Francisco de Zurbaran
Spanish Francisco de Zurbaran Galleries
Spanish baroque painter, active mainly at Llerena, Madrid, and Seville. He worked mostly for ecclesiastical patrons. His early paintings, including Crucifixion (1627; Art Inst., Chicago), St. Michael (Metropolitan Mus.), and St. Francis (City Art Museum, St. Louis), often suggest the austere simplicity of wooden sculpture. The figures, placed close to the picture surface, are strongly modeled in dramatic light against dark backgrounds, indicating the influence of Caravaggio. They were clearly painted as altarpieces or devotional objects. In the 1630s the realistic style seen in his famous Apotheosis of St. Thomas Aquinas (1631; Seville) yields to a more mystical expression in works such as the Adoration of the Shepherds (1638; Grenoble); in this decade he was influenced by Ribera figural types and rapid brushwork. While in Seville, Zurbur??n was clearly influenced by Velazquez. After c.1640 the simple power of Zurbaran work lessened as Murillo influence on his painting increased (e.g., Virgin and Child with St. John, Fine Arts Gall., San Diego, Calif.). There are works by Zurbar??n in the Hispanic Society of America, New York City; the National Gallery, Washington, D.C.; and the Philadelphia Museum of Art.. Related Paintings of Francisco de Zurbaran :. | Appearance of Saint Peter to Saint Peter of Nolasco | Teller mit Zitronen, Korb mit Orangen und Tasse mit Rose | Saint Margaret of Antioch | Der Hl. Hugo im Kartauserkloster, Detail | the virgin appears to the monks of soriano |
Related Artists:Lucas Cranach the Younger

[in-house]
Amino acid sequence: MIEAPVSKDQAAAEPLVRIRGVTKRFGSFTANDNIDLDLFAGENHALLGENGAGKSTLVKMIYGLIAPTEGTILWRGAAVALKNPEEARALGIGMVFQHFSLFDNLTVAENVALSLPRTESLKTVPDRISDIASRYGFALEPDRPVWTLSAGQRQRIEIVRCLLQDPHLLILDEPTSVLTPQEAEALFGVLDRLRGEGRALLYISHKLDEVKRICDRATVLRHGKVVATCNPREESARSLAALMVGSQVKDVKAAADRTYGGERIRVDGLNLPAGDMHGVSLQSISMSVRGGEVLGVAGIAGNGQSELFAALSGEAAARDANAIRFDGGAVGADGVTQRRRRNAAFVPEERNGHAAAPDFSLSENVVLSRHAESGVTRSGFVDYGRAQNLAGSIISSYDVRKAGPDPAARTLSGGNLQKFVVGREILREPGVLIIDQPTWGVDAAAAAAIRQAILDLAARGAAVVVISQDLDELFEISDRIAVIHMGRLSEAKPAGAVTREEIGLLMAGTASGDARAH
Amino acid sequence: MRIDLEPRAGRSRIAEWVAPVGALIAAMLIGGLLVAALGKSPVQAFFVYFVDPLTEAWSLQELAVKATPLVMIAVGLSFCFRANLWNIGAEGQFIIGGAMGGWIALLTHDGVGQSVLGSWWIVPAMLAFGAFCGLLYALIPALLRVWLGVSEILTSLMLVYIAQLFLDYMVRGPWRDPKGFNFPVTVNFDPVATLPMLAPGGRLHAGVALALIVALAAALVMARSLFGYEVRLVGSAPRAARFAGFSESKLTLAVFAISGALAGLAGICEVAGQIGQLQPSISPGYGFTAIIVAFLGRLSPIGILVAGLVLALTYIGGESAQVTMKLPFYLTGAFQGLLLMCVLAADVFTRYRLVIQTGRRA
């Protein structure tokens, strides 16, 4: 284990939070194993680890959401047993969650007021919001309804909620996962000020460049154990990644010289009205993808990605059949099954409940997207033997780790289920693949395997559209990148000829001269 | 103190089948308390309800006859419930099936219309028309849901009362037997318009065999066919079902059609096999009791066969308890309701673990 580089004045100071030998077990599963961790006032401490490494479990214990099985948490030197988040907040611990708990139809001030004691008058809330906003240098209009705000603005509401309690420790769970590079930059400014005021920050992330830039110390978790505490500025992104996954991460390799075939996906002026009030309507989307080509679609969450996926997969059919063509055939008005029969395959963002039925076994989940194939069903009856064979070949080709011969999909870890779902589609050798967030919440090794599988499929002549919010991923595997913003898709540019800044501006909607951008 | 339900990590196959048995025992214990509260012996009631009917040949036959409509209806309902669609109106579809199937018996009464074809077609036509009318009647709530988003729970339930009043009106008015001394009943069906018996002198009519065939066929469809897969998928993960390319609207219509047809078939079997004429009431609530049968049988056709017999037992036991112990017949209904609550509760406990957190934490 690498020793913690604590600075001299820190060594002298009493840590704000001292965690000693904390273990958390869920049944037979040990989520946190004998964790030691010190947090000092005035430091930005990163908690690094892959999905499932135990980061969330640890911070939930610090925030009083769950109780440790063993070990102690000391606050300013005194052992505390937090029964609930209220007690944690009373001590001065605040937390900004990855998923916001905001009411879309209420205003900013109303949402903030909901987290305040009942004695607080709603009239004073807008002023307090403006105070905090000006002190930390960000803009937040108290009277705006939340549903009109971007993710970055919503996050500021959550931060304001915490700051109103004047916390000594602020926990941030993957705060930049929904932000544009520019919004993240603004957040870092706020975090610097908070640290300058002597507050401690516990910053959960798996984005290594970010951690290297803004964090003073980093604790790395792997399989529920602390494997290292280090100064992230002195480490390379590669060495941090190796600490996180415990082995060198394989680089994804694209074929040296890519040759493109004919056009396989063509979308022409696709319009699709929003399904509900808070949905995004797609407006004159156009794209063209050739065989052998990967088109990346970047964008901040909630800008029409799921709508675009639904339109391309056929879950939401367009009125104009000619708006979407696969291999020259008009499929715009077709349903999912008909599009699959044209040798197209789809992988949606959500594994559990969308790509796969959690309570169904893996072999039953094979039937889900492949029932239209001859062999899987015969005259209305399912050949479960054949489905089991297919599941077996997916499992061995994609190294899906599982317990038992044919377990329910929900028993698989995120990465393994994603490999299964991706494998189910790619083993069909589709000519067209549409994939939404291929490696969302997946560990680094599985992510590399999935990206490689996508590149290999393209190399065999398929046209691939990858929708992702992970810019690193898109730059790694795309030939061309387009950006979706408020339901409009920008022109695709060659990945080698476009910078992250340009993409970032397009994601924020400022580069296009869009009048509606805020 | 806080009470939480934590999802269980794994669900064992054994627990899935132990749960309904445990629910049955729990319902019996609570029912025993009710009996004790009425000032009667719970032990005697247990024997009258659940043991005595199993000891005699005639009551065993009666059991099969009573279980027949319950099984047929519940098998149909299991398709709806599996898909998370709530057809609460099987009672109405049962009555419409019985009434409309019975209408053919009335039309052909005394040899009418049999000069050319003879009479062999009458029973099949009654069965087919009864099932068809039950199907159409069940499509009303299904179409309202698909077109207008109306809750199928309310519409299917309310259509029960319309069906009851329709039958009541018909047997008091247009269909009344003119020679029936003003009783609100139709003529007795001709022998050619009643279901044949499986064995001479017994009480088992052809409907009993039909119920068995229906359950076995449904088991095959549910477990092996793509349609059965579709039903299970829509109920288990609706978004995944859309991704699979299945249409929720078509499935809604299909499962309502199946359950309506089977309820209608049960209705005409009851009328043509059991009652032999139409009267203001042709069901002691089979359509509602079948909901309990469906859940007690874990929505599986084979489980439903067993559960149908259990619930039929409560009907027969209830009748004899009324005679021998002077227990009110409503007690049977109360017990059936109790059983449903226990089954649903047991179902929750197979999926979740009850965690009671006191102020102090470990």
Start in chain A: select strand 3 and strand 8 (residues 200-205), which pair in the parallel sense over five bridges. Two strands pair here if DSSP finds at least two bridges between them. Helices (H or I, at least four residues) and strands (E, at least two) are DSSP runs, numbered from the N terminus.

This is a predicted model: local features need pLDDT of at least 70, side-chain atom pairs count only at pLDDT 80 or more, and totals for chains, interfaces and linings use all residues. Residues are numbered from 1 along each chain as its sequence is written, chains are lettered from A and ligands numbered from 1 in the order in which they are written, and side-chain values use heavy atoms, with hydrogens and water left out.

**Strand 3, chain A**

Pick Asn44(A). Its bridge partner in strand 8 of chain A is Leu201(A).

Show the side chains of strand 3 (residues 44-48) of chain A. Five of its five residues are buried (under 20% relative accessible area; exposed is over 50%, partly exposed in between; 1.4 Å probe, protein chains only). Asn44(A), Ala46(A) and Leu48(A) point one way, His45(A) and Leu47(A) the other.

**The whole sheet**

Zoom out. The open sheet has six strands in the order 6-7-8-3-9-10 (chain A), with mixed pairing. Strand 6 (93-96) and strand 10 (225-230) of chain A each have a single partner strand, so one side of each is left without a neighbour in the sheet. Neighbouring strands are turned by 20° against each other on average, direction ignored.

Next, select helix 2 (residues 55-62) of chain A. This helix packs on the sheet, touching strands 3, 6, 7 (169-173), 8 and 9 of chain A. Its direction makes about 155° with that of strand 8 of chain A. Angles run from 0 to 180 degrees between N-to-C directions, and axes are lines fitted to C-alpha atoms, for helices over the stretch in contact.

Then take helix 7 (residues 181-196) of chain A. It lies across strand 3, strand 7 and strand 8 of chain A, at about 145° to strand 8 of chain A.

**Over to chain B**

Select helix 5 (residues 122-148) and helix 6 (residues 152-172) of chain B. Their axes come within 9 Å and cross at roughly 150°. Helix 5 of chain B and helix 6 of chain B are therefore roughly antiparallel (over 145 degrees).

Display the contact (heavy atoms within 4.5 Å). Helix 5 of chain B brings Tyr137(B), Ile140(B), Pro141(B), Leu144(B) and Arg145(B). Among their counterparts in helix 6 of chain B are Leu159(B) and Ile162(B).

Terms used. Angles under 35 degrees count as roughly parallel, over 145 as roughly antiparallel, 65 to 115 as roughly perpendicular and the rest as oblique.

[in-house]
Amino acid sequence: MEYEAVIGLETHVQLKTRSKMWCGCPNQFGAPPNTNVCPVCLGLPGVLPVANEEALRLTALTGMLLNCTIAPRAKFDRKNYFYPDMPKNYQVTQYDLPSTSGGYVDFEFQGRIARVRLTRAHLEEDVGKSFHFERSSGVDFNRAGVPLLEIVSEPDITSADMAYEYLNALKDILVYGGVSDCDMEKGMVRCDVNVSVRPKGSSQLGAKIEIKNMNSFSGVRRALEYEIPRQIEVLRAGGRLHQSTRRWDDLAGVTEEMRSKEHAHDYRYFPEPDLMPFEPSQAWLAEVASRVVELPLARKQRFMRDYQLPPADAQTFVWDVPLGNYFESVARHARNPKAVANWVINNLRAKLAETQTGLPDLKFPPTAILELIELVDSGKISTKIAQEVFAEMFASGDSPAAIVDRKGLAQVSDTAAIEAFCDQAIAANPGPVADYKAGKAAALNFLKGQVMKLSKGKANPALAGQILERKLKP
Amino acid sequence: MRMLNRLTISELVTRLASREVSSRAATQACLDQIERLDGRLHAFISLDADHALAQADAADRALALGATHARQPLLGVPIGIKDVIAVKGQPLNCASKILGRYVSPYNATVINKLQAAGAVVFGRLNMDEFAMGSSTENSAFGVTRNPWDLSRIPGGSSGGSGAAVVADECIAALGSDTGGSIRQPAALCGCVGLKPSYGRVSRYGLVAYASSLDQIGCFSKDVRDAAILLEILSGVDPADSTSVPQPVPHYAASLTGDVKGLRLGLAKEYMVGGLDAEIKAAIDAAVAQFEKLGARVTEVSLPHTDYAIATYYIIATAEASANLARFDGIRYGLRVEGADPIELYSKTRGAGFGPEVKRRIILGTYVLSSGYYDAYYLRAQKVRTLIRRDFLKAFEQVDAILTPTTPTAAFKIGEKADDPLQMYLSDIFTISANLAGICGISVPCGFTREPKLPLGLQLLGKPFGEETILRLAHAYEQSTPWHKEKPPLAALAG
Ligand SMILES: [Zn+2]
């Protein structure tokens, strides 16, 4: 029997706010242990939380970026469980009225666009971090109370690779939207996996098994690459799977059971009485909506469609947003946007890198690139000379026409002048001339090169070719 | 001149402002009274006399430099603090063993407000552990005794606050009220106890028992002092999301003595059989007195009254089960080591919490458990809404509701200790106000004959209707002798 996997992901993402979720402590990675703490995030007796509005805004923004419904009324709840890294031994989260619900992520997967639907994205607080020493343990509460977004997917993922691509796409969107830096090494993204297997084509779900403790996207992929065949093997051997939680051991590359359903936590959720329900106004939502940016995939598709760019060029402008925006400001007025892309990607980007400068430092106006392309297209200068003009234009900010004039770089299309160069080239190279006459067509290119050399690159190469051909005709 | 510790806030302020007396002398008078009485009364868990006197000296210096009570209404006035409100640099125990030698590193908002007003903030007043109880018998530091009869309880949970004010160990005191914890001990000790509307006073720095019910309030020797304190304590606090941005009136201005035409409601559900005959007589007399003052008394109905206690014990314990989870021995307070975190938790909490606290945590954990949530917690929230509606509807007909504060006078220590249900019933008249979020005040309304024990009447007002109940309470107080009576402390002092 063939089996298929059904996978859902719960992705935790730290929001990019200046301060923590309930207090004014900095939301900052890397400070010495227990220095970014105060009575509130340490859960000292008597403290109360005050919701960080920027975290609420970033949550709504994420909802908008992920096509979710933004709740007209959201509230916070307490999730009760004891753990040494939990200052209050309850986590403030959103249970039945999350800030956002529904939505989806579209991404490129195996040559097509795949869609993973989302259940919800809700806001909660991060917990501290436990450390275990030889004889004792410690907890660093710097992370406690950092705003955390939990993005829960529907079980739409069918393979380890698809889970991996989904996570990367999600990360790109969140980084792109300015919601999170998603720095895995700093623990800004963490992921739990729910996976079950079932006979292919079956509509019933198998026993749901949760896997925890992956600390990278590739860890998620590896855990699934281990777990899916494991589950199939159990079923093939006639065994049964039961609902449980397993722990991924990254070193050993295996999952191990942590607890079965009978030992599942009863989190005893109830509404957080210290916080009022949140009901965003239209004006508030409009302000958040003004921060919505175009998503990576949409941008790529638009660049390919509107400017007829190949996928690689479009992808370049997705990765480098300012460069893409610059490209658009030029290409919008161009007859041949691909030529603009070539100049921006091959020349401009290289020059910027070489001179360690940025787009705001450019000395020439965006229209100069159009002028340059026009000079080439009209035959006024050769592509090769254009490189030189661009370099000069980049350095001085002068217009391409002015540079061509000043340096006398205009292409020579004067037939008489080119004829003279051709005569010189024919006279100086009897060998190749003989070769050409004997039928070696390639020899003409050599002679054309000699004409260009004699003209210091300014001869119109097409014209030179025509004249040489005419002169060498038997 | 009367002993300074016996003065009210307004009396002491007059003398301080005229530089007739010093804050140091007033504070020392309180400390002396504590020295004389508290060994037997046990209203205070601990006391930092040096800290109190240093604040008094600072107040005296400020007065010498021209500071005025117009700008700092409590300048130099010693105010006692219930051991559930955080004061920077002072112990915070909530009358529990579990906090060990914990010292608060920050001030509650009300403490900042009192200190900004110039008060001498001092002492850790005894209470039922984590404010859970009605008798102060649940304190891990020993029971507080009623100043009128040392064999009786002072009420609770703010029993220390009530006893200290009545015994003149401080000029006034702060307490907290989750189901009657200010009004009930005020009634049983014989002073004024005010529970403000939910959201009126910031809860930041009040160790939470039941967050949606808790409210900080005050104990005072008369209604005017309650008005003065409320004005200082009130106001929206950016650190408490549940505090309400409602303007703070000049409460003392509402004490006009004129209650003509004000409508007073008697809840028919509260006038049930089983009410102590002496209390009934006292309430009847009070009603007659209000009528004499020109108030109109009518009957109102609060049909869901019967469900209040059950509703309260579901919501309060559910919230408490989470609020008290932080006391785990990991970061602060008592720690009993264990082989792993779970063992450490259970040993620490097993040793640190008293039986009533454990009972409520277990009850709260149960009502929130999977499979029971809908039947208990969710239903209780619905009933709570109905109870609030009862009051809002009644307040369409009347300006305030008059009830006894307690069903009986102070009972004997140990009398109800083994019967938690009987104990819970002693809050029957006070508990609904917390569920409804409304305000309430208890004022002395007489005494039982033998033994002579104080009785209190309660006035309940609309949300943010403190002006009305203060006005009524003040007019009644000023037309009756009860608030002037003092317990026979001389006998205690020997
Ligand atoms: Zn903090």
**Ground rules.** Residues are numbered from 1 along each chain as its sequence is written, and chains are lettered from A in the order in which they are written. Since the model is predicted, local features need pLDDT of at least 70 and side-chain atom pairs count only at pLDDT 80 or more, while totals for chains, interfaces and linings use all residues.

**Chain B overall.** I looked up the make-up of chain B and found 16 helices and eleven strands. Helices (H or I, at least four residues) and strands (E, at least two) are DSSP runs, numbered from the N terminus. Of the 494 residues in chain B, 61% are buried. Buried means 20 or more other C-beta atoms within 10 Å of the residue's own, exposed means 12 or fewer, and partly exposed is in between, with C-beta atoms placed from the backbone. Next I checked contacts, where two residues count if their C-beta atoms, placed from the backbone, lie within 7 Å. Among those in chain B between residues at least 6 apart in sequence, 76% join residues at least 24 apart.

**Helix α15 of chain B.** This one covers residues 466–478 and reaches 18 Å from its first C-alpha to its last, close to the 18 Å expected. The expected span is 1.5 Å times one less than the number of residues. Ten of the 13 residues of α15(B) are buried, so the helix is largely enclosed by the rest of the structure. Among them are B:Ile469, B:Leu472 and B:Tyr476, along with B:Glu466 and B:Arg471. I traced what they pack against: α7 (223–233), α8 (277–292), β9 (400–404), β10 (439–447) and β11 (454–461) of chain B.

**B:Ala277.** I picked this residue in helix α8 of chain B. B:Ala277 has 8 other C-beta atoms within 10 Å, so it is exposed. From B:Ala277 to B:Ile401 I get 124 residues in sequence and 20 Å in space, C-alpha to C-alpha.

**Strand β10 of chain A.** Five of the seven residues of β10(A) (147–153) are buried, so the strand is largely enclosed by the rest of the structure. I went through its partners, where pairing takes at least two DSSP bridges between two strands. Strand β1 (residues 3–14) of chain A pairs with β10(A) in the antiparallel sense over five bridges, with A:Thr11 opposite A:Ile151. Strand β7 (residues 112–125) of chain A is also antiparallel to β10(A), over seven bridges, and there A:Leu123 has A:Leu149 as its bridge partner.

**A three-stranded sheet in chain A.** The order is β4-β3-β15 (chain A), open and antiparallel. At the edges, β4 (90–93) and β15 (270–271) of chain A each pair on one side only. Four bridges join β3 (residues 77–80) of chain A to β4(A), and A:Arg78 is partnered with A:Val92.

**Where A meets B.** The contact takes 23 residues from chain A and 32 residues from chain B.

(October 4, 1515 ?C January 25, 1586) was a German Renaissance artist, known for his woodcuts and paintings.
He was a son of Lucas Cranach the Elder who began his career as an apprentice in his father's workshop. Henceforth, his own reputation and fame grew. After his father's death, he assumed control over the workshop.
The style of their paintings can be so similar that there have been some difficulties in attribution of their works.Walter Crane,RWS
English painter, illustrator, designer, writer and teacher. He showed artistic inclinations as a boy and was encouraged to draw by his father, the portrait painter and miniaturist Thomas Crane (1808-59). A series of illustrations to Tennyson's The Lady of Shalott (Cambridge, MA, Harvard U., Houghton Lib.) was shown first to Ruskin, who praised the use of colour, and then to the engraver William James Linton, to whom Crane was apprenticed in 1859. From 1859 to 1862 Crane learnt a technique of exact and economical draughtsmanship on woodblocks. His early illustrative works included vignette wood-engravings for John R. Capel Wise's The New Forest: Its History and its Scenery (1862). Juan Bautista de Espinosa
(1590-1641, Madrid) was a Spanish still life painter.
More paintings remain of him than biographical data and there is only one known painting remaining.
It is only known that he worked in Toledo and Madrid from 1612 to 1626 and, judging by his style, he was trained in Holland. De Espinosa's style is judged to be the transition from Flemish Baroque to Spanish Baroque.
Several mural paintings in Spanish churches are also attributed to him; one of these is in Alcaudete.